[2] libthread.so.1:_destroy_tsd(0x0, 0xff179d20, 0x1, 0xff344764, 0x0,
0x4), at 0xff154420
[3] l
 
 
 

Core dumping at drop_ex_thread

Post by Jonathan A » Thu, 07 Oct 2004 11:03:20

n article
< XXXX@XXXXX.COM >,
"Mr_Plow" < XXXX@XXXXX.COM > wrote:



You can use pmap(1m) to look at the address space of the process. But
that's not the address which the program is tripping over -- see below.

...

This looks like an accurate stack trace.

^^^^^^^^^^
...
...

This is part of libCrun, the C++ runtime library. It's the destructor
(see pthread_key_create(3thr)) for a piece of thread-specific data which
holds the state for C++'s exception handling. It decompiles to roughly:

void
drop_ex_thread(void *p)
{
my_info *ptr = p;
if (ptr->needs_free) {
free(ptr);
}
}

The argument (%o0) to drop_ex_thread() is 0x43535400 from the above
register dump. That looks pretty bogus -- in fact, it's the string
"CST\0". There's some form of massive memory corruption going on here,
which has corrupted libthread's state with what looks like a time zone
name.

I'd investigate getting a malloc debug library.

Cheers,
- jonathan

P.S. I took a look at:
4886961 thr_create() can run on a stack before the previous owner has
thr_exit()'ed

but that only applies to a thread which has already reached the
lwp_exit() system call -- this thread is still processing TSD (which is
one of the first stages of thread exiting).

 
 
 

Core dumping at drop_ex_thread

Post by Mr_Plo » Fri, 08 Oct 2004 06:07:03

Thanks.

Even thought it doesn't really matter...with pmap I get this:
FF340000 48K read/exec /usr/lib/libCrun.so.1
FF35A000 8K read/write/exec /usr/lib/libCrun.so.1
FF35C000 16K read/write/exec /usr/lib/libCrun.so.1

I figured this was some malloc thing, so ran Purify on it. But, this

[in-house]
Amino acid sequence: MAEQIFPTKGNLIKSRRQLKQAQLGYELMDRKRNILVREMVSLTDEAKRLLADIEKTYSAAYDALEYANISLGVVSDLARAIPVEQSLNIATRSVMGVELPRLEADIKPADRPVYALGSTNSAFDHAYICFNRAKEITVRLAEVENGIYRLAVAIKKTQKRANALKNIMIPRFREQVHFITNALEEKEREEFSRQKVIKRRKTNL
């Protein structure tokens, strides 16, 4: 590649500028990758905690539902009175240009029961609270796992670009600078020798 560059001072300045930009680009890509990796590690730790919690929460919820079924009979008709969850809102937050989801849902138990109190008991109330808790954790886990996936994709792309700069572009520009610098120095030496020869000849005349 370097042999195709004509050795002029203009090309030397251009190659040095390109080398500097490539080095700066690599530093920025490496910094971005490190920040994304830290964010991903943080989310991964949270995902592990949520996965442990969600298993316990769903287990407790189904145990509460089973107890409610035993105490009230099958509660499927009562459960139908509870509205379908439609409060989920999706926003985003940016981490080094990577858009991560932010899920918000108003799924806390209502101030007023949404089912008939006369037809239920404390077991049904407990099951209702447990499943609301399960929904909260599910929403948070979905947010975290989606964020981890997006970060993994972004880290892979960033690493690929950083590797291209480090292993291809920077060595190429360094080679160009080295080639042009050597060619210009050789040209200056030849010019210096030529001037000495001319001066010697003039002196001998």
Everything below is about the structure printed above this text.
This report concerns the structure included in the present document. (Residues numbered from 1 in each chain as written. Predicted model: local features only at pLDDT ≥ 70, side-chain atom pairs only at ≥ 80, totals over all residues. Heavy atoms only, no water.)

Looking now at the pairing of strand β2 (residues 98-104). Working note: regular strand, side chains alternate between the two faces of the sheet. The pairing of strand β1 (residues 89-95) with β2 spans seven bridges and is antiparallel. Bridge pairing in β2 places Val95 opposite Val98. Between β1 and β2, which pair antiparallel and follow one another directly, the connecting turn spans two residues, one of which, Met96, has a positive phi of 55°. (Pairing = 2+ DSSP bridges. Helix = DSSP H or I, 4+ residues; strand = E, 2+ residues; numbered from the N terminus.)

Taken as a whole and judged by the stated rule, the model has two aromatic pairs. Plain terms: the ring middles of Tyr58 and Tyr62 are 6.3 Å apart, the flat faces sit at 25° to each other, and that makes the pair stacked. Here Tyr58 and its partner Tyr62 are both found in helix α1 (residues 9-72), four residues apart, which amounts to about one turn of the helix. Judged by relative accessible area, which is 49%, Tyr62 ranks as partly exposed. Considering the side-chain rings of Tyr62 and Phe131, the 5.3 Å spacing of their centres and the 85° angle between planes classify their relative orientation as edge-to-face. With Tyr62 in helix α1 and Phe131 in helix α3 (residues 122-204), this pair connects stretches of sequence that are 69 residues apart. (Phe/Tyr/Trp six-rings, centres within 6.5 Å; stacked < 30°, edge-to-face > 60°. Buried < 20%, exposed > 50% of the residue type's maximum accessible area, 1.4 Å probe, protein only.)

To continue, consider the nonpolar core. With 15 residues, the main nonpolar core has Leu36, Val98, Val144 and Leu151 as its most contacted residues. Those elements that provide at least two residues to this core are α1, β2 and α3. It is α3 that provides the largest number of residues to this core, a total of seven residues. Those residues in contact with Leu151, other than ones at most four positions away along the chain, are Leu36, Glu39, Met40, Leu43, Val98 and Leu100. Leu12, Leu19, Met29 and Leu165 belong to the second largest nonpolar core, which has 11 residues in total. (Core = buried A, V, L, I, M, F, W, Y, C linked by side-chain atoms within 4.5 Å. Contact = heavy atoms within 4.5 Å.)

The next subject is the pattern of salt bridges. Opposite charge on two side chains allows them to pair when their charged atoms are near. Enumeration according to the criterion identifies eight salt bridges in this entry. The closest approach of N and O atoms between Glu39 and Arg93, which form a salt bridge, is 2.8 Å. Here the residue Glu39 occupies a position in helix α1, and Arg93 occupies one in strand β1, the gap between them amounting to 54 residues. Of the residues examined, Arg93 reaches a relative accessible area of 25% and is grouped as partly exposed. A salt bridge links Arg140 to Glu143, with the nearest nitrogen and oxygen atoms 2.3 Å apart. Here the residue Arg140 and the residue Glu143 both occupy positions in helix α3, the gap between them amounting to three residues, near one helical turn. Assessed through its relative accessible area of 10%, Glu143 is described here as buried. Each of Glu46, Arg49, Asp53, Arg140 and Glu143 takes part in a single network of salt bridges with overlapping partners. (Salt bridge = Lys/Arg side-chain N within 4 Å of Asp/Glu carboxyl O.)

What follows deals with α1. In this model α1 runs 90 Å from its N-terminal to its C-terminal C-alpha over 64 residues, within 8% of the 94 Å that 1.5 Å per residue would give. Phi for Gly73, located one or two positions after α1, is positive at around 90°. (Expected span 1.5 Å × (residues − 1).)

slowed down the application to an extent where this failure no longer
happened.

Who passes this %o0 to drop_ex_thread?
Does it just use %o0 because it's the first one?
How might that strange contents get in there?
If it matters...my application logs a message upon these disconnection,
with an entry that includes the time, set with "localtime_r( (time_t
*)&now, &tm_buf )". I vaguely remember I had to change something with my
calls to localtime to fix some cores in the past.

I searched for some malloc debug libraries, and came across several. Any
suggestions for which one to use?
 
 
 

Core dumping at drop_ex_thread

Post by Jonathan A » Fri, 08 Oct 2004 07:52:41

In article
< XXXX@XXXXX.COM >,


The thread library does -- it's the contents of the thread-specific data
buffer for that key for that thread. It's stored in an array allocated
using malloc(3C), with other keys nearby.


That's the calling convention on SPARC -- first argument to the function
goes in %o0, next argument is %o1, on up to sixth argument in %o5. %o6
and %o7 are special -- %o6 is also known as %sp (the stack pointer), and
%o7 typically contains the (return address - 8).


My bet would be a too-short buffer being overrun. i.e. someone is doing
something like:

char *s = malloc(n);
ascftime(s, "... %Z", &tm_buf);

where 'n' is too small to hold everything generated by ascftime() (or
whatever function is being used for the call).


I haven't looked at them in a while, so I'm not sure which to recommend.

- jonathan